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Personal Interviews
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Dick Francis (EXCERPTS)

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Dick Francis carried his love for horse racing from his illustrious career as one of England’s top jockeys to a brilliantly successful mystery writing career which spanned over four decades and generated one book per year for 38 years. Almost all of his books have been bestsellers and all have remained in print.

stolenDick Francis was born in Pembrokeshire, South Wales in 1920.  The son of a jockey, he began racing horses while still a teenager.  After serving with distinction in World War II, Mr. Francis returned to the world of horse racing, ultimately winning over 350 races. He was Champion Jockey in 1953-54 and his successes on the track earned him the honor of becoming the Queen Mother’s jockey for four seasons, from 1953 to 1957.  Upon retirement in 1957 he published his autobiography, The Sport of Queens. In 1962 he brought his love of horse racing to fiction writing with the publication of his first mystery novel, Dead Cert. In his novels, Dick Francis combined the world of horse racing (sometimes directly, sometimes indirectly) with such diverse realms as banking, flying, film-making, and British politics. This formula proved to be a winning one, as he received numerous awards over his career including three Edgars from Mystery Writers of America (for Forfeit [1968], Whip Hand [1979], and Come to Grief [1995]) as well as the Silver, Gold and Diamond Dagger awards from the Crime Writers Association. In 1984 he was made an Officer of the Most Noble Order of the British Empire and in 1996, he was created Grand Master by the Mystery Writers of America.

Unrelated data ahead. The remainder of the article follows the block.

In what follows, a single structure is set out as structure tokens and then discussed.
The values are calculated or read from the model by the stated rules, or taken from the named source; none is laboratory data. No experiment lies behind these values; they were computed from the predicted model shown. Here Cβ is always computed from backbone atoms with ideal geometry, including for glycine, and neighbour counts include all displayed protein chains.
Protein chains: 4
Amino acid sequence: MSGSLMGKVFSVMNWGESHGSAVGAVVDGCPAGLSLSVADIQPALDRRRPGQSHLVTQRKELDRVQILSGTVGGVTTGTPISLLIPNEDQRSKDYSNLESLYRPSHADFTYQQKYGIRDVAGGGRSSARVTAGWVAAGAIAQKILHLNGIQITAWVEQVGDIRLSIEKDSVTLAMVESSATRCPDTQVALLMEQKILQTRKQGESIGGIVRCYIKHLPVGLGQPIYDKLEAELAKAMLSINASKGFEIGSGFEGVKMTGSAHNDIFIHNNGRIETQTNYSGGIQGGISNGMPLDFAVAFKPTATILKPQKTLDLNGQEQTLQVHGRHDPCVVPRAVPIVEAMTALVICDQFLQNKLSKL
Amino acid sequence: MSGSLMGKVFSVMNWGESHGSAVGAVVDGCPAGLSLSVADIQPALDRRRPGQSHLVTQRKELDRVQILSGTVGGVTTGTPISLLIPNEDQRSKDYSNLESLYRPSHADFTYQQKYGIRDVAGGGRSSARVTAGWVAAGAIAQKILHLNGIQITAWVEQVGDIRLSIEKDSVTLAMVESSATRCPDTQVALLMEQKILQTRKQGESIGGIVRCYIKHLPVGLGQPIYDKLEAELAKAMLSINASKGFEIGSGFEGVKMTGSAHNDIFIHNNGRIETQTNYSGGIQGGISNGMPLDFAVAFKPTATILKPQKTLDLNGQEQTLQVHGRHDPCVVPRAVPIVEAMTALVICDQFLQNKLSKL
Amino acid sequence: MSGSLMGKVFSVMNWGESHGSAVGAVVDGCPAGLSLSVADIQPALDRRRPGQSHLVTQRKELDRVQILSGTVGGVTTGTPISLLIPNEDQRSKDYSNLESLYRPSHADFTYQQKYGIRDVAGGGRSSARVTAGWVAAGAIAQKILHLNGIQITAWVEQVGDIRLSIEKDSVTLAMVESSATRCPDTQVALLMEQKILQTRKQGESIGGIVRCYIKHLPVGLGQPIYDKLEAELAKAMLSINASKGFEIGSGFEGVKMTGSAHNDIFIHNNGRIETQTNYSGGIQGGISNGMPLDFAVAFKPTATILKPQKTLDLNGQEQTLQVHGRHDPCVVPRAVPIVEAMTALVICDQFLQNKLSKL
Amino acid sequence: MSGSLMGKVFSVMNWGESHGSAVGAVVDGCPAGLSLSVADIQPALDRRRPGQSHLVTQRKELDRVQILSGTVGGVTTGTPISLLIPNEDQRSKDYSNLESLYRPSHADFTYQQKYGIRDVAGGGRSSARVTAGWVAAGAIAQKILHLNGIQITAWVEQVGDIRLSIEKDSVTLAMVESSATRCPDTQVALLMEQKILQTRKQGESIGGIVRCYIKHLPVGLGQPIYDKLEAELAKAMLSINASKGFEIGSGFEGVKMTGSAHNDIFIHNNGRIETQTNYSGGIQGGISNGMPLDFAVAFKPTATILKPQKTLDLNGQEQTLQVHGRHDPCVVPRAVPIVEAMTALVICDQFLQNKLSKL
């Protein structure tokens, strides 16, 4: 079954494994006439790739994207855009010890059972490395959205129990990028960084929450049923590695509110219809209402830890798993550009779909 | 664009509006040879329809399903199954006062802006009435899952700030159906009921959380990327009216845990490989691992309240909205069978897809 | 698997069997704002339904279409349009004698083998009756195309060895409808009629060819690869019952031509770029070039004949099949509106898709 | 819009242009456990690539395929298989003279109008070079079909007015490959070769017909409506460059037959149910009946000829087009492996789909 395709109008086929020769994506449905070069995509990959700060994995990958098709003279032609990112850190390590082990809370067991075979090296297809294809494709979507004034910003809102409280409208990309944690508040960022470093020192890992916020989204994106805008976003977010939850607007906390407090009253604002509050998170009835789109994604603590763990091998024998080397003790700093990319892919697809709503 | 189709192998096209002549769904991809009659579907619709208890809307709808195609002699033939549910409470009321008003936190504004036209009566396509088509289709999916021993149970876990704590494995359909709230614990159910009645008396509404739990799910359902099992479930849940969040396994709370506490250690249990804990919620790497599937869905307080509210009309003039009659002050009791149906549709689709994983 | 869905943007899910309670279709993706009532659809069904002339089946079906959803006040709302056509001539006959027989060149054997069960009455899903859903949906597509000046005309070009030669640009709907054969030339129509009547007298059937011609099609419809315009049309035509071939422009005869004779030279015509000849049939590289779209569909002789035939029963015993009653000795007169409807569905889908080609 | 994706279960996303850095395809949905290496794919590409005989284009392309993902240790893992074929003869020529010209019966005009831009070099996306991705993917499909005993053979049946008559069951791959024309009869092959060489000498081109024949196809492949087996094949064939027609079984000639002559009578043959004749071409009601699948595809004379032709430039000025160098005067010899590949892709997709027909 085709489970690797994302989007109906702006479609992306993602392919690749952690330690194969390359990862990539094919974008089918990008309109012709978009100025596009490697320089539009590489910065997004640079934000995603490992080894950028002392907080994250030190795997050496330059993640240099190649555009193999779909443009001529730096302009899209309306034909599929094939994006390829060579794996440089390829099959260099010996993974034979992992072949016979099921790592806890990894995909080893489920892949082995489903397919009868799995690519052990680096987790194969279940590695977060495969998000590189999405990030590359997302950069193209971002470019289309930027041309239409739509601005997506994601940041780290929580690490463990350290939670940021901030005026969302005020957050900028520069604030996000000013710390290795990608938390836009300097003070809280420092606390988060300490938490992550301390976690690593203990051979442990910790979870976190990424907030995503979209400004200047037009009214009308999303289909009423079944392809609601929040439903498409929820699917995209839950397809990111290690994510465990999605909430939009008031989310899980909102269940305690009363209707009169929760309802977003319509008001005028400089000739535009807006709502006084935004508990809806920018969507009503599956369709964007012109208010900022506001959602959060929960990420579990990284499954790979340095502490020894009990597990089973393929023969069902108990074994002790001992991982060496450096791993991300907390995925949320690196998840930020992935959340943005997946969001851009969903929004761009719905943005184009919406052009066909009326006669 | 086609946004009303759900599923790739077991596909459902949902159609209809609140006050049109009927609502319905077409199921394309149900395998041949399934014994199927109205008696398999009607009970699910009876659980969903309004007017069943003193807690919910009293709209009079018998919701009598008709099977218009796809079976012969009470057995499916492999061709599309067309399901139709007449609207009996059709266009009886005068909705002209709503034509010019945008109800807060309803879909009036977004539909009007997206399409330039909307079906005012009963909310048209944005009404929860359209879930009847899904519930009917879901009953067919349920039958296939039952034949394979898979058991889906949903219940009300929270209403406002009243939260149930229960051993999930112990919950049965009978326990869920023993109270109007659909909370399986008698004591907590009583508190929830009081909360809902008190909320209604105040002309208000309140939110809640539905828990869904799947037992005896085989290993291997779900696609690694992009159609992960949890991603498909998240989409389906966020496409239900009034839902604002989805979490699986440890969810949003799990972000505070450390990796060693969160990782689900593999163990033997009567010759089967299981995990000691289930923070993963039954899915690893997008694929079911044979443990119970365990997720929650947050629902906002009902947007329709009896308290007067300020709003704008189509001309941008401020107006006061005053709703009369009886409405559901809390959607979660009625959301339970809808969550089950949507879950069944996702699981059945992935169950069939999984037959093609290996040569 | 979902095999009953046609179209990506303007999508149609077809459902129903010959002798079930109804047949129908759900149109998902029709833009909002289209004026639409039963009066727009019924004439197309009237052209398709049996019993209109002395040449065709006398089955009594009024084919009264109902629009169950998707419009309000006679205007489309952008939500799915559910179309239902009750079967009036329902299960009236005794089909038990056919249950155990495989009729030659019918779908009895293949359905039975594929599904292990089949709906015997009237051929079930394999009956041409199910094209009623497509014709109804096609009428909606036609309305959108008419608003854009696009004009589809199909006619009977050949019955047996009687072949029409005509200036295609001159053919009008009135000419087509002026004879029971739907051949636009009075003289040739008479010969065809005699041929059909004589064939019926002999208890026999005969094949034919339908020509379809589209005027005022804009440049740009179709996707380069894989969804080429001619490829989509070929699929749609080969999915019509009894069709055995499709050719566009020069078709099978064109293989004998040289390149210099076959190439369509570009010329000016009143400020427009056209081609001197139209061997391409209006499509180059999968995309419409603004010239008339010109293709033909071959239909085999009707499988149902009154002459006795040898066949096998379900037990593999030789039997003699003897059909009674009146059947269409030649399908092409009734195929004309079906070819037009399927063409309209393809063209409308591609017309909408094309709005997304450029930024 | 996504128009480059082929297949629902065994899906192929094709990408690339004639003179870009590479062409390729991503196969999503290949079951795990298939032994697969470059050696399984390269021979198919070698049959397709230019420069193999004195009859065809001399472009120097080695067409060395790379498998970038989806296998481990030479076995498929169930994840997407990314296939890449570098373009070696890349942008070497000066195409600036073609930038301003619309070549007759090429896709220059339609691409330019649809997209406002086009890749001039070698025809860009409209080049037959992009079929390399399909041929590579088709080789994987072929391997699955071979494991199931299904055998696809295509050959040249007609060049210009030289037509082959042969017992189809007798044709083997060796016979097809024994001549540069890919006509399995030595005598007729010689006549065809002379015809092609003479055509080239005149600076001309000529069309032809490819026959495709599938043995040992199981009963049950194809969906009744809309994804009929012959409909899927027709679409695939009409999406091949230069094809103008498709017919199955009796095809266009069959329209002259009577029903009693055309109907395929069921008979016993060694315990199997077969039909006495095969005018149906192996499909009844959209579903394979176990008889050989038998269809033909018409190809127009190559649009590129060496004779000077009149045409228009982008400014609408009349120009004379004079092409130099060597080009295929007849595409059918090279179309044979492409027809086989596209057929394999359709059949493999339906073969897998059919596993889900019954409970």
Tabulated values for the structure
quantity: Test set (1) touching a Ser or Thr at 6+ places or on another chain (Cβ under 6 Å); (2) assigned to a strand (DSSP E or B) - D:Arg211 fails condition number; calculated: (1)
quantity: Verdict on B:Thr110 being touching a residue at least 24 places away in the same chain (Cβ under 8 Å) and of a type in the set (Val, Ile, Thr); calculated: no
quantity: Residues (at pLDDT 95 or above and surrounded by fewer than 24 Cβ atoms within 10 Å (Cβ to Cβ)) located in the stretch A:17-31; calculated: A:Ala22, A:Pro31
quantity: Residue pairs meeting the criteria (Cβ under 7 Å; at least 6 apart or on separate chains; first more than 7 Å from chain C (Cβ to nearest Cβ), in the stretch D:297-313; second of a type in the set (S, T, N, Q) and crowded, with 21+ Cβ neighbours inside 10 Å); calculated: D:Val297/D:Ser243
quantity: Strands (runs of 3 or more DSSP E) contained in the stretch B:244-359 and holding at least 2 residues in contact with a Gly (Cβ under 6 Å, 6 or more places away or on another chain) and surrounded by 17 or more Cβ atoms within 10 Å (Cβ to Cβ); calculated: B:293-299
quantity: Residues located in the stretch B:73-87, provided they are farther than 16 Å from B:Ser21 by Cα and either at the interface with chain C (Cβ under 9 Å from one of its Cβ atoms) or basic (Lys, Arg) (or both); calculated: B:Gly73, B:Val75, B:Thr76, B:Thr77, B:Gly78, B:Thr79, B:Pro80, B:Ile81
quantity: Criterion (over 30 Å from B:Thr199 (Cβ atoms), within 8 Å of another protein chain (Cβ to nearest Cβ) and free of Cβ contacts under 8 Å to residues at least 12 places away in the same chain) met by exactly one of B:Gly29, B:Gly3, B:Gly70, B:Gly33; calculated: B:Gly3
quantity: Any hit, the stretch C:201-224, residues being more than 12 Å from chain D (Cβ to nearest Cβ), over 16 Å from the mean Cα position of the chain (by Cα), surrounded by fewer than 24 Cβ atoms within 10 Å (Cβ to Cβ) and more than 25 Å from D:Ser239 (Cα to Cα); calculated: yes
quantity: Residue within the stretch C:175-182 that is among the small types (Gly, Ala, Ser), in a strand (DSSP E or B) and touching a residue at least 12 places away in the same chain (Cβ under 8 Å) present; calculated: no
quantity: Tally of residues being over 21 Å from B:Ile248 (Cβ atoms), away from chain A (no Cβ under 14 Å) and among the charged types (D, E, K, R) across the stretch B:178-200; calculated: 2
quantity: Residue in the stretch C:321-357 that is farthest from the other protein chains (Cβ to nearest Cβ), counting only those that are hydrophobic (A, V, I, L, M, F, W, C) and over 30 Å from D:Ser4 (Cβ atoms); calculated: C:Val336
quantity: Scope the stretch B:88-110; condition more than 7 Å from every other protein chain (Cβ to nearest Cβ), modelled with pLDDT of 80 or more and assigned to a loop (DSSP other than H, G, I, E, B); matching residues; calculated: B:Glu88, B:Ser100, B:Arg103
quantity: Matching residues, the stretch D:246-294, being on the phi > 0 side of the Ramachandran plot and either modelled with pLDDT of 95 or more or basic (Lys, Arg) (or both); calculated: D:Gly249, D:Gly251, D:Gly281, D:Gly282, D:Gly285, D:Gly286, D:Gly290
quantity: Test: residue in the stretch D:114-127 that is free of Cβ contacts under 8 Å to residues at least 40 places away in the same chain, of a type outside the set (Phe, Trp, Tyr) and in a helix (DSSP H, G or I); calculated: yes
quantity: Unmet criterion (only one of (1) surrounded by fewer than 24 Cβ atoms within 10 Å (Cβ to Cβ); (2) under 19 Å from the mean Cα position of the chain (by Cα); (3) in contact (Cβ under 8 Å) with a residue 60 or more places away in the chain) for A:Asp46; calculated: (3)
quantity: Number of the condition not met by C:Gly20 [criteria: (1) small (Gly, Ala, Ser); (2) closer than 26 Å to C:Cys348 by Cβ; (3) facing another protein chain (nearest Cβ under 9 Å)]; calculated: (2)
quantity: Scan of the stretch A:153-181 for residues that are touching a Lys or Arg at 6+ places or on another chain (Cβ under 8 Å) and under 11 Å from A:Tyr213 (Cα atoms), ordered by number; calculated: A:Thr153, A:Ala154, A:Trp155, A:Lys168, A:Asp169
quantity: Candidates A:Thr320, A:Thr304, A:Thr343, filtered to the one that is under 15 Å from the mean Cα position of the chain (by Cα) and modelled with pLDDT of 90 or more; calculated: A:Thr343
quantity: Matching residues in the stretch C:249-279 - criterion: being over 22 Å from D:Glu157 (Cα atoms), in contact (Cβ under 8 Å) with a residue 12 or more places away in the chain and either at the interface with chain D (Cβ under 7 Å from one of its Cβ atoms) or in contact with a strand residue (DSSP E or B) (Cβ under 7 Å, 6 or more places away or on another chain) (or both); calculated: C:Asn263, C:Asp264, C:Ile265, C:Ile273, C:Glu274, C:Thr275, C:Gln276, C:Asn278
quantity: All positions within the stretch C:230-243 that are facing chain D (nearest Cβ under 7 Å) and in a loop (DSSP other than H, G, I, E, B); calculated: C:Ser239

AG:  I know you’ve retired from writing.  But are you sure you won’t write one more novel?

DF:  Yes, I’m sure.  My wife used to love researching different subjects for my novels.  In 2000, I think it was, Shattered had just come out and was doing rather well and my wife and I thought that would be our swan song, so I haven’t written anything since then.  Unfortunately, she didn’t enjoy retirement because she died in the following months.

AG:  I know.  I’m so sorry about that.  You’d been married for over 50 years?

DF:  Yes.  We were married 53 years and we worked together very much.  As I said, she loved research.  She learned to fly doing research for my novel Flying Finish.  She was a schoolmistress before we married.  She taught English, but French was her main subject and she loved to come along with me to France.  I’m afraid I didn’t improve my French, as I used to leave it to her to do the talking. [laughs]

AG:  So how did you two meet?

DF: She went to school with my cousin.  I was in the Air Force at the time.  When my cousin was to be married to a Scotsman, I was asked if I would be his best man since he didn’t know anyone in the south of England. I said yes.  Mary was at the wedding and that was how we met.  We almost fell in love straight away.  We caught the same train back to London from the West Country and talked a lot. I asked her out a number of times.  I asked her to my home one weekend, but unfortunately my weekend leave was cancelled—I was still in the Air Force.  But she went there anyway and my father met her.  She fell in love with him, more or less. She thought he was very like me!